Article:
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'Sequestro' is a riveting but disturbing documentary film from Brazil Phillip Brents | Fri, Sep 10 2010 03:49 AM

Opening in theaters this week is “Sequestro,” a disturbing documentary from director/writer Jorge W. Atalla, Paradigm Pictures and MidMix Entertainment.

This film tells the story of a film crew who go on a four-year exploration of a disturbing trend in Sao Paulo, and the whole of Brazil itself — kidnapping. The crew follows the Ibiapina family as  father Jose has been taken for ransom. What is going on in this country?

Quite simply, the history is this: the writer cites the end of the Cold War that stopped funds from reaching the Leftist movements. Cuba assembled a group called Departmento America that was committed to kidnapping as a way of financing Latin American guerilla activities.

Somewhere along the way it has become a pastime. From four kidnappings in 1986, the numbers have reached more than 400 people in Sao Paulo — 1,500 in Brazil — with an intake of $7.7 million  in the last 10 years.

Now, in Sao Paulo, there is an anti-kidnapping police division whose only job is to recover those who have been taken — women, men, the elderly and even children — no one is safe when money is the motive. These police work with the Ibiapina family to track down their father before time runs out.

This is a look at what is real — and those affected by it.

Final word: This is a very emotional documentary. The viewer is taken on a roller coaster ride of history through the birth of this crime and what it has grown into today. Once a way for “revolutionaries” to make their point, even they, from behind prison walls, believe these kidnappings are a violent act and merely extortion. Ironic isn’t it?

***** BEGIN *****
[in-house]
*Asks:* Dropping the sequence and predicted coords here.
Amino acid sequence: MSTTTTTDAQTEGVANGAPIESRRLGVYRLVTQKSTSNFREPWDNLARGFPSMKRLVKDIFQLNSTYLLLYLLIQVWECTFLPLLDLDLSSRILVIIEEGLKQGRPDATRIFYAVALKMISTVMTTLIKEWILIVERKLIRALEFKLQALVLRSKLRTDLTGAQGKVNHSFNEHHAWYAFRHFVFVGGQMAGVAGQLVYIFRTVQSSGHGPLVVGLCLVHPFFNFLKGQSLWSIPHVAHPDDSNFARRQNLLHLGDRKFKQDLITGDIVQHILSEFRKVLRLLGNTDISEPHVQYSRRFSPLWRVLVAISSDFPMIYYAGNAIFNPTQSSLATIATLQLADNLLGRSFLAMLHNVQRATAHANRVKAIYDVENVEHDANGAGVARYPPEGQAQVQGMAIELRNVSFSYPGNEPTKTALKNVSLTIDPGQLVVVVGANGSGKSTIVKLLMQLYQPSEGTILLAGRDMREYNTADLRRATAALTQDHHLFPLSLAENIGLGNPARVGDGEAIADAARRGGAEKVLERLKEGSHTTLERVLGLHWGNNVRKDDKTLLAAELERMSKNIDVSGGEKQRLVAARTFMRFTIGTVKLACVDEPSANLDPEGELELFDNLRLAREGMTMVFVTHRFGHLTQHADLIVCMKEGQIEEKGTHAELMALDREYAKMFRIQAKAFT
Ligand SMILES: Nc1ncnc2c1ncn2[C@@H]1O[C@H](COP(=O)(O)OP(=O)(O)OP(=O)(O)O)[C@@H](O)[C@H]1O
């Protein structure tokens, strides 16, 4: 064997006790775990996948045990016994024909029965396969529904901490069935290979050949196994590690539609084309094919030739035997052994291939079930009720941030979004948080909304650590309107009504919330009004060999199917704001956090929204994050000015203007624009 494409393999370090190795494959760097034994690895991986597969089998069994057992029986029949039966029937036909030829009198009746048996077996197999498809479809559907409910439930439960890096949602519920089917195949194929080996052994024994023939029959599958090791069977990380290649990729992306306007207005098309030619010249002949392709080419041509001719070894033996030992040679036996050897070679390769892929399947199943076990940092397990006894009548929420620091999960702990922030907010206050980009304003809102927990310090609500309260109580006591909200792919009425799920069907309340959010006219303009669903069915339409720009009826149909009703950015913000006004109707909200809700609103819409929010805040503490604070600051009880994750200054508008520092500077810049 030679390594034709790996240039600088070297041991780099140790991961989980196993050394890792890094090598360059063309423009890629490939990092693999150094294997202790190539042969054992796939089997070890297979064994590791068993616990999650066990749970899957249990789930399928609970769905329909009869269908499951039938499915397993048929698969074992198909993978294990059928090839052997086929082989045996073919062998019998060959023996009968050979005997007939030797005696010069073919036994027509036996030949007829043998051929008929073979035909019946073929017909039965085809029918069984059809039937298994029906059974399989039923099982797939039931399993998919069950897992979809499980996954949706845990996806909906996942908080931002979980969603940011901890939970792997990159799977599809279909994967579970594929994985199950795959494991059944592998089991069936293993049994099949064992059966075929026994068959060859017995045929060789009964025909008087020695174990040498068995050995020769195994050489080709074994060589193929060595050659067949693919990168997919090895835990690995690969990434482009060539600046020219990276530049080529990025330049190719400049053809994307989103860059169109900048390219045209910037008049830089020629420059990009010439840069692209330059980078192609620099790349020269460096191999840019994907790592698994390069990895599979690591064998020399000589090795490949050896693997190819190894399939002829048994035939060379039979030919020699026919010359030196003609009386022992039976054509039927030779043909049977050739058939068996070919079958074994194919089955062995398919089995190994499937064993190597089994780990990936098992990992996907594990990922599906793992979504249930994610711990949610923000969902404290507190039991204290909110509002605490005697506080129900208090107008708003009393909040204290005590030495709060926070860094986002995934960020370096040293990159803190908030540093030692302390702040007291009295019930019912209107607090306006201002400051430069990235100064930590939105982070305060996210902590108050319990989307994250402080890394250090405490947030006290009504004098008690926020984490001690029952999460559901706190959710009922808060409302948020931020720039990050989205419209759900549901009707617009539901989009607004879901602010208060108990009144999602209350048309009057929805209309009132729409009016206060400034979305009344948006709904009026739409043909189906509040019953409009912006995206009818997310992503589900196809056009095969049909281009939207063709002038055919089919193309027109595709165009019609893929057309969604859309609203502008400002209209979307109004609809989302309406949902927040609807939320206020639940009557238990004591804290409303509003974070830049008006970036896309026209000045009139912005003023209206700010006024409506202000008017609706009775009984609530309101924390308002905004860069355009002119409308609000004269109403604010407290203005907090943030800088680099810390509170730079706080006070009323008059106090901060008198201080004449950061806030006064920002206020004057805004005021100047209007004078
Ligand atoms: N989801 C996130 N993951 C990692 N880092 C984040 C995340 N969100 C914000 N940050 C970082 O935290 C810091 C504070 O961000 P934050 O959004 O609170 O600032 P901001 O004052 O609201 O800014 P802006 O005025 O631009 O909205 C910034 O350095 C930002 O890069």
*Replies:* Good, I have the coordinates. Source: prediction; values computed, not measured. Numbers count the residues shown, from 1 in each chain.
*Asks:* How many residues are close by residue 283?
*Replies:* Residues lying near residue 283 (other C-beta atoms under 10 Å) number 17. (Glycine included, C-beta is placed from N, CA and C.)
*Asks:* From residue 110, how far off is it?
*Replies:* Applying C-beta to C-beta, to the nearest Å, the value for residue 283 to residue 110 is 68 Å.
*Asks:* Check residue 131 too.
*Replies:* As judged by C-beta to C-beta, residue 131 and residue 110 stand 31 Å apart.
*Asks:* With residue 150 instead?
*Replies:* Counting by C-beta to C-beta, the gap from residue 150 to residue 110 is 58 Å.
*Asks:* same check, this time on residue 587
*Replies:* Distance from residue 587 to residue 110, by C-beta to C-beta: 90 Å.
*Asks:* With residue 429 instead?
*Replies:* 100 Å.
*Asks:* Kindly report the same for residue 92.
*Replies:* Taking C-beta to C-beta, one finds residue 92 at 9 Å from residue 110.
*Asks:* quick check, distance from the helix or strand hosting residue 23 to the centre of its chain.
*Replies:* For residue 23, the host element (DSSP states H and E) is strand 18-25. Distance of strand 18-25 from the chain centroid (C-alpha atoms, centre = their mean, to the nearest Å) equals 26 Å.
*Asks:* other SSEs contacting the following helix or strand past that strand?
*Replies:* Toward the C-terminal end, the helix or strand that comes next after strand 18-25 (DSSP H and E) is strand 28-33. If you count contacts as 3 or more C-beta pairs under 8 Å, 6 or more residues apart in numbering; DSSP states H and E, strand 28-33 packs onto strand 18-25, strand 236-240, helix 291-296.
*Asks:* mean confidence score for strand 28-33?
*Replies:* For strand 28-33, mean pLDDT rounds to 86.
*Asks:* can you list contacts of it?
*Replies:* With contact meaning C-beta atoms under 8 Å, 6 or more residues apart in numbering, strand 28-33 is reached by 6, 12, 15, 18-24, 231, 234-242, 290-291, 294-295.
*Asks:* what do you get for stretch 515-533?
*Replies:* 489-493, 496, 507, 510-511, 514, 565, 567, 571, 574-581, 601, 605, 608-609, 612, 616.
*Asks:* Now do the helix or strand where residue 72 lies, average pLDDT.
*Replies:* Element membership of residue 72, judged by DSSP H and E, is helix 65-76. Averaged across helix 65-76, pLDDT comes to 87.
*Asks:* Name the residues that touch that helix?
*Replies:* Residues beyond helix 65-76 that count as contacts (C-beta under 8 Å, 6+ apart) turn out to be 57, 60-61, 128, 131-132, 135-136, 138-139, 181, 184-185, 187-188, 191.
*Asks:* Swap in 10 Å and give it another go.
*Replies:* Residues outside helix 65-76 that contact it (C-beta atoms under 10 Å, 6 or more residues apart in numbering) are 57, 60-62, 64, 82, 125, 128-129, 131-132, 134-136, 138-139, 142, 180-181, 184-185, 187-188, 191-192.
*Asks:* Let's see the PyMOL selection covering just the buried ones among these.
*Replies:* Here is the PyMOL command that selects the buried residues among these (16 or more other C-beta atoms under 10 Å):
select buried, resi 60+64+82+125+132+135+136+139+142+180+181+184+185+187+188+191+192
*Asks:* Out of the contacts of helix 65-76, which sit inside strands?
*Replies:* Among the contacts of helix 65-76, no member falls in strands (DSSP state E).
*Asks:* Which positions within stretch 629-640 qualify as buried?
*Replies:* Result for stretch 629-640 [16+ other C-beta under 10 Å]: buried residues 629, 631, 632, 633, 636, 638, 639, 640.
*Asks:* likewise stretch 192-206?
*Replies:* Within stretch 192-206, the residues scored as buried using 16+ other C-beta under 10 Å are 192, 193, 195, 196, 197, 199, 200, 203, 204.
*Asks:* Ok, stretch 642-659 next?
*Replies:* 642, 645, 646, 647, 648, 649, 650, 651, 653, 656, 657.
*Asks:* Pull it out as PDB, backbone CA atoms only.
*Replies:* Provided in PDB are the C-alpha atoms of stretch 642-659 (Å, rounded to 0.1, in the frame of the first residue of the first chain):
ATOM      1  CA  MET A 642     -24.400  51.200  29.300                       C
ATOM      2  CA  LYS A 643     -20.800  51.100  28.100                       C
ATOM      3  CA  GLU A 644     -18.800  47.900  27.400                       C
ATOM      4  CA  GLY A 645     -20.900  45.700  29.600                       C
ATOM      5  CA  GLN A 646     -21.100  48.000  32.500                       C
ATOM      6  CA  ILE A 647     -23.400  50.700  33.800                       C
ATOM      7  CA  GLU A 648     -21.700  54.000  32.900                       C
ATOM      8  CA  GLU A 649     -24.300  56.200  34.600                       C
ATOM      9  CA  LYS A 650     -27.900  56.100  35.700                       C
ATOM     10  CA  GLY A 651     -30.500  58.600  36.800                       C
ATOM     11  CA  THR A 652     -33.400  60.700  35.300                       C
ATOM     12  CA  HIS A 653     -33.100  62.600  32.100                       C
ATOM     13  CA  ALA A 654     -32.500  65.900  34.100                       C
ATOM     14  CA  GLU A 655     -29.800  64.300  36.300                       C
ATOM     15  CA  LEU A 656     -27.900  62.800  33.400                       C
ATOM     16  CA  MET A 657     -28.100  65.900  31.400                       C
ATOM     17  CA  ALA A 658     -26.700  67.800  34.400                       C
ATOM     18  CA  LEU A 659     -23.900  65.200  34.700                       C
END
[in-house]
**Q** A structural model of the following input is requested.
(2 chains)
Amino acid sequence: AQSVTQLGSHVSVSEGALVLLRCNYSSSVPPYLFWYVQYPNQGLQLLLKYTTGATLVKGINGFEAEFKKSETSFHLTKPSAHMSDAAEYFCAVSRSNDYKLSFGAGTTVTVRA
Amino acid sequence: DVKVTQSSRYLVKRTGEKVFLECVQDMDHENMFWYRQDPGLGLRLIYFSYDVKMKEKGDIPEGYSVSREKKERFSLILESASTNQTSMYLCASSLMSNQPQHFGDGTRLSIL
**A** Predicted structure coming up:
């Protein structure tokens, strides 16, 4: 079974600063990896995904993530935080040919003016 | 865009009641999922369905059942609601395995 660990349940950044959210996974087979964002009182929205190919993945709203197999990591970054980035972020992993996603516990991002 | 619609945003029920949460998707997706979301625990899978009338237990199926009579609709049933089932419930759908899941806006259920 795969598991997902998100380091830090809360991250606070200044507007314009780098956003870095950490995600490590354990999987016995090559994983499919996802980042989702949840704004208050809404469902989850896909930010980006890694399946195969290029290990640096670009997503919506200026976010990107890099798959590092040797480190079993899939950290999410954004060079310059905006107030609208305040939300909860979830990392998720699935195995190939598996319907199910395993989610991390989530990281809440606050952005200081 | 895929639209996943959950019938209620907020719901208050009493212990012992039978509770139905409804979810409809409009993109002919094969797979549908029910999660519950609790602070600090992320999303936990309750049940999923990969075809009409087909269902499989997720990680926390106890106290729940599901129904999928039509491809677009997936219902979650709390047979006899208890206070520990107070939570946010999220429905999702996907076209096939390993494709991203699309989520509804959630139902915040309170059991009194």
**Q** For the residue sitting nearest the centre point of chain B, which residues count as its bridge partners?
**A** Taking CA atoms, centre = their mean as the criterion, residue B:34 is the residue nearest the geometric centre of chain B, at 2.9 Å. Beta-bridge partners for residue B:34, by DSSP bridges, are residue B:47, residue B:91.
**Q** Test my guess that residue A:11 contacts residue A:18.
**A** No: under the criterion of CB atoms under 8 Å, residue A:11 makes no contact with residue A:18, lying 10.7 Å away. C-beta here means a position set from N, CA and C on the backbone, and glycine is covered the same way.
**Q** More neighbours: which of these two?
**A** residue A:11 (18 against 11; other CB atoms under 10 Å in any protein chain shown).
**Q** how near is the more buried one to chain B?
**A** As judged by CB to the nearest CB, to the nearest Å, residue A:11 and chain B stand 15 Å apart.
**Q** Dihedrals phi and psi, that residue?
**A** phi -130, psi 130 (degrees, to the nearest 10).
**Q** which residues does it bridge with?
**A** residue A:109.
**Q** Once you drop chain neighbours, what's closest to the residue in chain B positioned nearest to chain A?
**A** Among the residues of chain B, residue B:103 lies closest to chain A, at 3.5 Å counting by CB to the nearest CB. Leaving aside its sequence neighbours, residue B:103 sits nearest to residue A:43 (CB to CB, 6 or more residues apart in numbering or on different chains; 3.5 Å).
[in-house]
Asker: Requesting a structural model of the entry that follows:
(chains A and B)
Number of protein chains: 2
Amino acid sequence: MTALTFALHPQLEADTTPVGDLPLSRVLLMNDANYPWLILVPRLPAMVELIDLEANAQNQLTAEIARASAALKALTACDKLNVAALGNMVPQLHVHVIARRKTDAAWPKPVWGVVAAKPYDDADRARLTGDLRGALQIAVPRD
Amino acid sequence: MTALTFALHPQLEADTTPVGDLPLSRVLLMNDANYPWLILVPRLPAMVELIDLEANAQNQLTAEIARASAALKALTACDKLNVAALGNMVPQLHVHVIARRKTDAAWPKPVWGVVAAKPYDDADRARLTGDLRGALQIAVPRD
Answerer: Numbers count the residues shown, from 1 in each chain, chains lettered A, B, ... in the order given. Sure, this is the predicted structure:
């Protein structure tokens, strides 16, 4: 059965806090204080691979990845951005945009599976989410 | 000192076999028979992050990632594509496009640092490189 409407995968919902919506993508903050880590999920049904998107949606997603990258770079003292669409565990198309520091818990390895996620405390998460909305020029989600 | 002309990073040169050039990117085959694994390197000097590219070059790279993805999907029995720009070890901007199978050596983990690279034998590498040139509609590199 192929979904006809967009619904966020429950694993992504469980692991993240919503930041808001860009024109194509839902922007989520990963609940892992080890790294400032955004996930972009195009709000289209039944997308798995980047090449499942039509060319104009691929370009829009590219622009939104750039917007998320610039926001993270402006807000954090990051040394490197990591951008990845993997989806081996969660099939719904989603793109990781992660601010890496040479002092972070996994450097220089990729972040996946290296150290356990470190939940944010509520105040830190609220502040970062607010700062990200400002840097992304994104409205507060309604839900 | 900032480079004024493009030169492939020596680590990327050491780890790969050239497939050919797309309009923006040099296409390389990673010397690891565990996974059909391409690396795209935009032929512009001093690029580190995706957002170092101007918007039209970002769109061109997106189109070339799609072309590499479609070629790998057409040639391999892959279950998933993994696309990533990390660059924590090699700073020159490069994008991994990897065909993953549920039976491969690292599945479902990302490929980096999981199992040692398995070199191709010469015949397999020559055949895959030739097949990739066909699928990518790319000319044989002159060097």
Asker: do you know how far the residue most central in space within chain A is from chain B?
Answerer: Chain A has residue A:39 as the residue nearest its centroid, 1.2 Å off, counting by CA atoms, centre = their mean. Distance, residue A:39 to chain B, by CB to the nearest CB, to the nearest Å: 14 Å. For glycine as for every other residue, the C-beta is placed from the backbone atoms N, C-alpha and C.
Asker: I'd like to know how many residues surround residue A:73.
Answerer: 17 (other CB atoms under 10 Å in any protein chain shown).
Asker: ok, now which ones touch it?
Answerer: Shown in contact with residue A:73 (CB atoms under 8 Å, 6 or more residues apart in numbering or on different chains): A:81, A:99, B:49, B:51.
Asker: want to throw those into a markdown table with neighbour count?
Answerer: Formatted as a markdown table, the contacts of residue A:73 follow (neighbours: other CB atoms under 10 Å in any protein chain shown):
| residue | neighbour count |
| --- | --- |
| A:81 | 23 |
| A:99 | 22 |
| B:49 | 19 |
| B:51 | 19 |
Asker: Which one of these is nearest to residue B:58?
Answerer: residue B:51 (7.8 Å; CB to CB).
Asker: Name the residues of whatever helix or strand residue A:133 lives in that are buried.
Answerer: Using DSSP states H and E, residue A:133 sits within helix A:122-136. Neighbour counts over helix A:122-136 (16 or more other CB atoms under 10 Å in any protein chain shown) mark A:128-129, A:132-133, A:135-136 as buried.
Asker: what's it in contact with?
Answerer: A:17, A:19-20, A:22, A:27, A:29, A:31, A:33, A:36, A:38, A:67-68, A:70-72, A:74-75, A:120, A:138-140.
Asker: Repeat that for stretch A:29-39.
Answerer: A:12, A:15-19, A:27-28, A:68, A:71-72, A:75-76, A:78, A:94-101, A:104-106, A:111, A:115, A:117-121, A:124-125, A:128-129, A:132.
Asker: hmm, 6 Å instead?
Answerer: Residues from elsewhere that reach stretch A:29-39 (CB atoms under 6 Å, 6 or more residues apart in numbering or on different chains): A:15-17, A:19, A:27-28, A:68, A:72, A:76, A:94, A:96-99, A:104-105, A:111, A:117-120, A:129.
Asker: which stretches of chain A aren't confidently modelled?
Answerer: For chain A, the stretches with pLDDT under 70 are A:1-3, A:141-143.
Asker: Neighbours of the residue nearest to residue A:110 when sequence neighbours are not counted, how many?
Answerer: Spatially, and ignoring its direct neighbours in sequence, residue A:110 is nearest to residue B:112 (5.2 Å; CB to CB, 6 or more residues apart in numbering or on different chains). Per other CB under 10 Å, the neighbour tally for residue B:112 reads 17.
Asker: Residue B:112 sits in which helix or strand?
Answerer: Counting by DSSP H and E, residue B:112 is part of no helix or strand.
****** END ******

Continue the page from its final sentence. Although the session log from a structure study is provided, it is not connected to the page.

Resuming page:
As the police trace one suspect after another, those who have been abducted tell their stories with heart, with courage and an amazing amount of strength. They bravely recount their capture and, in some cases, violent treatment at the hands of their captors.

Even more emotional is the telling of their lives today and the fears that it will happen to them again. In the midst of the sadness there are moments of pure joy as the police, and cameras, are there to record the moments of success as families are reunited.

The division also has a strong impact on those officers who work within it. As in the case of the Ibiapina family, the police become close to the families and share in their pain and agony, which takes a toll on their own lives.

In the anti-kidnapping police division, finding victims alive is their goal, bringing down the criminals is their purpose and reuniting them with their families is their reward!

Tubs of popcorn: I give “Sequestro” three-and-a-half tubs of popcorn out of five. This is a documentary filled with so many emotions. There is surprise that this is not given coverage in the world news spotlight. Add to that mix rage, helplessness and confusion that one human being would do this to another.

Watching the events unfold, from the harassing and mentally exhausting telephone calls of the extortionists to the blatant disregard for humanity, can only be called riveting. The living conditions of abducted, as well as the sometimes-lengthy periods of silence, are hard to comprehend, yet those who survived show us all the will to live.

From captive time periods up to 70 days, it’s a race against time and money.

 


Latino film festival now playing at Otay Ranch Town Center
Media Arts Center San Diego’s San Diego Latino Film Festival and Otay Ranch Town Center are co-hosting the fourth annual °Que Viva! Cine Latino 2010 during September in celebration of Hispanic Heritage Month. Screenings are scheduled Wednesday from 6:30 to 8:30 p.m. in the center’s food pavilion. Remaining dates include Sept. 15, 22 and 29.

All film screenings are free and open to the public. Films will be in English and Spanish (with English subtitles). The schedule for each evening will include the following:

An art and music segment featuring Latino artists and live music with local Latino groups, starting at 6:30 p.m.

Screening of short films and Latino feature films, starting at 7:30 p.m. The film schedule is as follows:

Sept. 15: “A Mi Me Gusta” (PG-13)

Sept. 22: “Carlitos” (PG)

Sept. 29: “La Mission” (R)

For more event information visit the Web site at www.sdlatinofilm.com.



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